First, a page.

The Potawatomi Language Program has adopted and will be using an established learners writing system. The writing system, seen below, identifies letters that have a consistent sound to them.
“Mainly we are focusing on the marked ‘e’s’ and the ‘th’ and ‘tth,’” said Rhonda Purcell, language coordinator.
According to Purcell, adopting this Potawatomi writing system acknowledges and honors the work that Jim and Mary Jane Thunder have done in establishing a Potawatomi alphabet and writing system, when for many centuries the language was only learned through speaking. Jim and Mary Jane and their family spoke Potawatomi as children and learned English later, as a second language.
The Thunders are among the last remaining first language Potawatomi speakers. The story of how they established this writing system is fascinating.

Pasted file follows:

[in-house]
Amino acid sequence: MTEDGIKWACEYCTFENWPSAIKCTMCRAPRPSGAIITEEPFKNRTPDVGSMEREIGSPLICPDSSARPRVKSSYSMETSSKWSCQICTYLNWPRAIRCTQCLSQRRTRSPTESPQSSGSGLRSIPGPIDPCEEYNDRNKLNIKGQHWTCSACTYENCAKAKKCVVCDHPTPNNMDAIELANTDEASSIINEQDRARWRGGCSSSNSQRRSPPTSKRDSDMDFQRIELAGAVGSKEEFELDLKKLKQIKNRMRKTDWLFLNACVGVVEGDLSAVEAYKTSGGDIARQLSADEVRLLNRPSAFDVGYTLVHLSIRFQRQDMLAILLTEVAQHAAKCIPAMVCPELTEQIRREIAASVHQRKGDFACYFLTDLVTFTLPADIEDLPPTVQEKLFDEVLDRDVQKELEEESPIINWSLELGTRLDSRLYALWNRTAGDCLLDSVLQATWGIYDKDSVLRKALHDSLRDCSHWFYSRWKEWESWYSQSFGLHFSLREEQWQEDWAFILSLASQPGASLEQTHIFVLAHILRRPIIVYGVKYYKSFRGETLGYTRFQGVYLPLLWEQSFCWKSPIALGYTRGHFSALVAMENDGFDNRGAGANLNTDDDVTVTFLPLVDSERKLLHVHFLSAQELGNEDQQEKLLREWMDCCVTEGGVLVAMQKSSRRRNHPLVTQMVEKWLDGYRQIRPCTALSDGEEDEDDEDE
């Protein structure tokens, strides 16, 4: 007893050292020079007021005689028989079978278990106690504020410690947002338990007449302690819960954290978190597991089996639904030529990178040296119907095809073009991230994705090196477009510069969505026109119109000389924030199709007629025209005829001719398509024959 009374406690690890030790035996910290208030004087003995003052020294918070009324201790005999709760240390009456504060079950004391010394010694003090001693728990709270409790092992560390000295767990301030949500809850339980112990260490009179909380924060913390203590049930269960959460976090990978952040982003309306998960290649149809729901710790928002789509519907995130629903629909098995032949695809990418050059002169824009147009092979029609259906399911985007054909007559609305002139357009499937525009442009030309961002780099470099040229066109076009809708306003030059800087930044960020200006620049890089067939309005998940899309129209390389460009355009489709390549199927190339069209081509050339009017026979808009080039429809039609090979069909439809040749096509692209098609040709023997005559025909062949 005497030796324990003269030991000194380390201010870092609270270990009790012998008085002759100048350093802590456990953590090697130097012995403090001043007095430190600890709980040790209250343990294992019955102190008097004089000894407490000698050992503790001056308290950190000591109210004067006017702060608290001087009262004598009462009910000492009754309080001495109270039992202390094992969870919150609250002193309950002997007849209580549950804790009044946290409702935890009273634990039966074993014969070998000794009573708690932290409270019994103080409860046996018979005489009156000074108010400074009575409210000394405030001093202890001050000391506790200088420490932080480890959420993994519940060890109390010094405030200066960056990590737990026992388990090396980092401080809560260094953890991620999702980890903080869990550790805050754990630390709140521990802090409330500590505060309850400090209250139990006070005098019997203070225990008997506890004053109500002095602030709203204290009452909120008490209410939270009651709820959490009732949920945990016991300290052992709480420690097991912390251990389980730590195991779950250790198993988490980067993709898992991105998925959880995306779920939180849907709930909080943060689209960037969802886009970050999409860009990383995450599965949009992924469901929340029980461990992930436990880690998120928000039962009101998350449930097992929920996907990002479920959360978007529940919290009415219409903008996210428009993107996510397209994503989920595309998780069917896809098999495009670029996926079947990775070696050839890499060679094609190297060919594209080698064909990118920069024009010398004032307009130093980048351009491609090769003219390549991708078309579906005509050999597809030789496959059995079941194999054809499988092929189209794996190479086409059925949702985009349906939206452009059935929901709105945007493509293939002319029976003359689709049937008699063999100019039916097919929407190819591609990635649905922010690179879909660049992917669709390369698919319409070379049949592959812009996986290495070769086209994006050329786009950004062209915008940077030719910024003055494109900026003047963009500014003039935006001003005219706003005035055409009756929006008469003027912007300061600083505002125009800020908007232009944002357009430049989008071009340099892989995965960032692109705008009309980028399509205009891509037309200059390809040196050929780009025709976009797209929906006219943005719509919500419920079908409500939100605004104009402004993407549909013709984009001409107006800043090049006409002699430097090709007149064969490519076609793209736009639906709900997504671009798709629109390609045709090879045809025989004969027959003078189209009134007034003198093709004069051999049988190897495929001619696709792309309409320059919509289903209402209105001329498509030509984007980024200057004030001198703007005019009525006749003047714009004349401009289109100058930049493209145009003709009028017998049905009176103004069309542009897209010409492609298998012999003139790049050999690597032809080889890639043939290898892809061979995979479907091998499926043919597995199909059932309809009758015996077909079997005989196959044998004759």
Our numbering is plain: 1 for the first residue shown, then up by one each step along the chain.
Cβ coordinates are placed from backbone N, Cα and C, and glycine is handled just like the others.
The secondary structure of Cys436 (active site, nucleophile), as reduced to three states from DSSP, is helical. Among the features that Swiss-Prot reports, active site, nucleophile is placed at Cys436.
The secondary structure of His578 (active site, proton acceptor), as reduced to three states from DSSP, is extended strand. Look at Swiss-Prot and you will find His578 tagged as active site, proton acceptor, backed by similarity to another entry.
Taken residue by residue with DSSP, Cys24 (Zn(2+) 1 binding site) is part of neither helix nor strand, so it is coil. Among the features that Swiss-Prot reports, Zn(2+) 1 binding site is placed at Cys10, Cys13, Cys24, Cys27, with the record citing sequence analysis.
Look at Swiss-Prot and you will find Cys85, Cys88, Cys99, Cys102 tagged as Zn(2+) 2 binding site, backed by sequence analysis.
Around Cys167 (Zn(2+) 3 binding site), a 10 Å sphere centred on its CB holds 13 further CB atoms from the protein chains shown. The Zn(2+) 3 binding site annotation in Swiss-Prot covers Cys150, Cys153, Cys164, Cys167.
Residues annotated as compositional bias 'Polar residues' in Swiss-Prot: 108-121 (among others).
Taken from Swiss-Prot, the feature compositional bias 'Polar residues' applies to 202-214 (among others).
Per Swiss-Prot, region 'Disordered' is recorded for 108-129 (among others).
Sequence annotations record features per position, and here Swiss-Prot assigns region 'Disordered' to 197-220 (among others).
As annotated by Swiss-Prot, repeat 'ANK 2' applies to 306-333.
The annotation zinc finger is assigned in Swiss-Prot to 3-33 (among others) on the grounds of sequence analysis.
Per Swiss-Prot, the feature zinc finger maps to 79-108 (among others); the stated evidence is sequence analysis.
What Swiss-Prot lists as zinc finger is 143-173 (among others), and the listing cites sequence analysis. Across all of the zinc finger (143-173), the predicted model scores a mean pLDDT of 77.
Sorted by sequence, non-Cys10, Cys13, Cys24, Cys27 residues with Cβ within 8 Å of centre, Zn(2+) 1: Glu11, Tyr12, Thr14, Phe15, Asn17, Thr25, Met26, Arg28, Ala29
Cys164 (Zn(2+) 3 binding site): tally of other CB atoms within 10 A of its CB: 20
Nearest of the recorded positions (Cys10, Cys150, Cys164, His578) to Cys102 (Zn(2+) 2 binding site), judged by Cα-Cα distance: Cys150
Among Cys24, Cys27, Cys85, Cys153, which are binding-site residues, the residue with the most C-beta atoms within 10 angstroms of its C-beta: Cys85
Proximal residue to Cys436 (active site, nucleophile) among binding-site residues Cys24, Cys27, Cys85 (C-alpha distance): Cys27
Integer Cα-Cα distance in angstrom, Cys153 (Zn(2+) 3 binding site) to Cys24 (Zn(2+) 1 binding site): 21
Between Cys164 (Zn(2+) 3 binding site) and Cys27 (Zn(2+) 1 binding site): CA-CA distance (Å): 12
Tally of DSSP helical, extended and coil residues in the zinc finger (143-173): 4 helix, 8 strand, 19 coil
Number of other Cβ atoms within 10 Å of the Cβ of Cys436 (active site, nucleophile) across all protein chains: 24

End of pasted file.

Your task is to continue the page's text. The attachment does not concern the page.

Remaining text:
“Jim had tuberculosis as a child, and was sent away to recover at a sanatorium,” said Language Specialist Carla Collins. “His dad never spoke English, so when they wrote letters to family while recovering, they wrote in Potawatomi. So their separation created the need to develop a writing system.”
The Thunders have dedicated the second halves of their lives to teaching Potawatomi people how to speak their language. Pokagons Kyle Malott and Collins were apprenticed by the Thunders in Forest County,Wisconsin for four years, and they used this writing system during their language apprenticeships. When the two returned to Dowagiac in April, they recommended the Pokagon language program implement this system. Forest County and Hannahville Indian communities also use this system.
“The marked ‘e’s’ are what makes a difference,” said Purcell. “Every word has an ‘e’ in it, but they each have a different sound, so it changes the meaning. Learners will definitely do better because of this system. This one will last.”
Look for examples of this writing system in signs and other materials throughout the Pokagon community.